Student Health Promotion (SHP) designs, plans and implements programs and campaigns tailored to promoting healthier lifestyles among Georgia State University students. Recently, a program entitled #LoveConsent was designed to promote love, healthy relationships and awareness about consent. Peer Health Educators (PHEs) wanted to share information about consent on Valentine’s Day, the day of love, so that students would be open to having a conversation on how consent works best in different types of relationships. In doing this, PHEs planned to correct some of the misconceptions of normative beliefs and help students better understand some aspects of communicating consent that can be difficult.
More than often, sexual violence is conducted by those who share close relationships with the victims including romantic partners and family relatives. Increasing awareness and education on mutual consent will help reduce sexual altercations and violence. According to the (NCADV) National Coalition Against Domestic Violence (NCADV), women between the ages of 18-24 are most commonly abused by an intimate partner. World Health Organization, (2010) recommends the promotion and education of safe and healthy interpersonal skills, as well as the changing of social norms and gender inequalities within relationships to prevent sexual violence.
PHEs decided to encourage healthier relationships by raising awareness about what students felt worked best when having conversations about sex and consent. To do this, students needed to be aware of the results of the survey to reduce norms and misunderstandings about how others view consent. On Valentine’s Day 2018, SHP asked 94 students to place a sticky heart on the #LoveConsent board next to the way students agreed consent would be best. Student Health Promotion engaged in a fun and interactive form of data collection different than the usual. Students were asked to read 11 choices on the #LoveConsent board for when consent would be best. Many students easily answered the question but some thought it to be challenging. Students stated the way you go about getting consent and when you have the conversation are factors that are very important in all types of relationships. Students talked about their expectations with online dating, first dates and ways to be more comfortable having consent conversations. For responding to the survey, students received information about consent, condoms and heart shaped candies.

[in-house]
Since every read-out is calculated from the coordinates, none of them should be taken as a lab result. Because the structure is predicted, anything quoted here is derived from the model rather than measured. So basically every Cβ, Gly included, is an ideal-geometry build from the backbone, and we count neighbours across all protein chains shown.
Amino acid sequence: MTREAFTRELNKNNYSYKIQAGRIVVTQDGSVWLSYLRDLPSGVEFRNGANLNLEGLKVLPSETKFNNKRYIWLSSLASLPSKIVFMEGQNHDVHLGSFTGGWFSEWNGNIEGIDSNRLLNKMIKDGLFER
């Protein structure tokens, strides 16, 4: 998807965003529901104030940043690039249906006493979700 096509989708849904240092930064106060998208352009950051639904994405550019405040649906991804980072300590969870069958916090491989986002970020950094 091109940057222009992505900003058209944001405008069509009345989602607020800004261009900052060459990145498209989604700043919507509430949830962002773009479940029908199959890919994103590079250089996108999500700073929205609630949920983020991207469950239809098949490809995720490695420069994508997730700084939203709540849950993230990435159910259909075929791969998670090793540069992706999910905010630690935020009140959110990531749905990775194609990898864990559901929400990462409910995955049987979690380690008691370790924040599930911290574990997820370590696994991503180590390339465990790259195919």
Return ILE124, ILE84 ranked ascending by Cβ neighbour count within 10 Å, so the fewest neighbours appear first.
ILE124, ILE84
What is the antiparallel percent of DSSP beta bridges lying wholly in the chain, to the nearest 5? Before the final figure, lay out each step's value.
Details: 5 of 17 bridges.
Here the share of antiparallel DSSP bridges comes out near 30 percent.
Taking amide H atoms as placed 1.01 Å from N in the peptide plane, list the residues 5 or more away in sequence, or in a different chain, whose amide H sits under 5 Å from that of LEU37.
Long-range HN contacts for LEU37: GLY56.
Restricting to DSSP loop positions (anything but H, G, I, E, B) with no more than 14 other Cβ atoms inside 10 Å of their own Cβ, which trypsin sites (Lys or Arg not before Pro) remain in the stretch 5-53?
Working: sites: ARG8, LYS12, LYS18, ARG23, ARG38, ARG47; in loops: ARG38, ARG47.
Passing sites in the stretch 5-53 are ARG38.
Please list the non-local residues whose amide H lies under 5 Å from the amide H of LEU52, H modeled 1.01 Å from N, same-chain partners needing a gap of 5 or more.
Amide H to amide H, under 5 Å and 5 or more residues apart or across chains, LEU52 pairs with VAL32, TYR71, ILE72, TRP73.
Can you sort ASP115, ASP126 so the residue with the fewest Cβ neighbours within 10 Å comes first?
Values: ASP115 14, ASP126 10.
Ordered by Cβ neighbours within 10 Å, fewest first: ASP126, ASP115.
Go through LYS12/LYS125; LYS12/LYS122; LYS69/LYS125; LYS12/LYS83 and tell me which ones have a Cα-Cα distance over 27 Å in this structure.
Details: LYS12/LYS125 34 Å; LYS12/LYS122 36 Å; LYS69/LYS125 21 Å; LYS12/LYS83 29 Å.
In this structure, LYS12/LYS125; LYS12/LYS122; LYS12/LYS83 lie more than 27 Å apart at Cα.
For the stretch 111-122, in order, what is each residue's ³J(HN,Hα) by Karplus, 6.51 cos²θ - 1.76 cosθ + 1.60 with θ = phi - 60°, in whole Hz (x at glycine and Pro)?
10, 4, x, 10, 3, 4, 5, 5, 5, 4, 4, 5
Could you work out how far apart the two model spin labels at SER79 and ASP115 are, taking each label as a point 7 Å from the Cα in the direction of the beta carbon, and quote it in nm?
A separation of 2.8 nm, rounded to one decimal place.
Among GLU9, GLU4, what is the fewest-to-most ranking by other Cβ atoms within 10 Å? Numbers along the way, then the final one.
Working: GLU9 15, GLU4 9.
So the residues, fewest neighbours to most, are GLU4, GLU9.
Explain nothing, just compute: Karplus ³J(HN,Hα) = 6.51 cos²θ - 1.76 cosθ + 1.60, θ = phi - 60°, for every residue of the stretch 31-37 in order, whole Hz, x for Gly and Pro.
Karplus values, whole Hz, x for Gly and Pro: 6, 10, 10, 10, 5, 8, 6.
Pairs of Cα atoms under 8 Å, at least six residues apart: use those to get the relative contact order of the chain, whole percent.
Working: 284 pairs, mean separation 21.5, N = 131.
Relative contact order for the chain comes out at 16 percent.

In the survey, half of the questions were related to the how and the other half related to the when consent is best. This part of the survey helped students compare whether the how you go about asking for consent or the when is more important. For example, the statement that consent is best when students are open and honest about what other students want and don’t want can be true on the first date, after the second date or before dating. This made it easier to see what students really thought would work best.
After completing the survey and sharing some of the results we found, students could be more open about interests and how to promote effective communication. This makes consent an easier topic among students especially when dating and in relationships.
Here are the top three ways Georgia State University students agreed consent works best:
- Consent is best when you are open and honest about what you want and don’t want.
- Consent is best when a person is thoughtful of another person’s feelings.
- Consent is best BEFORE any form of sexual contact.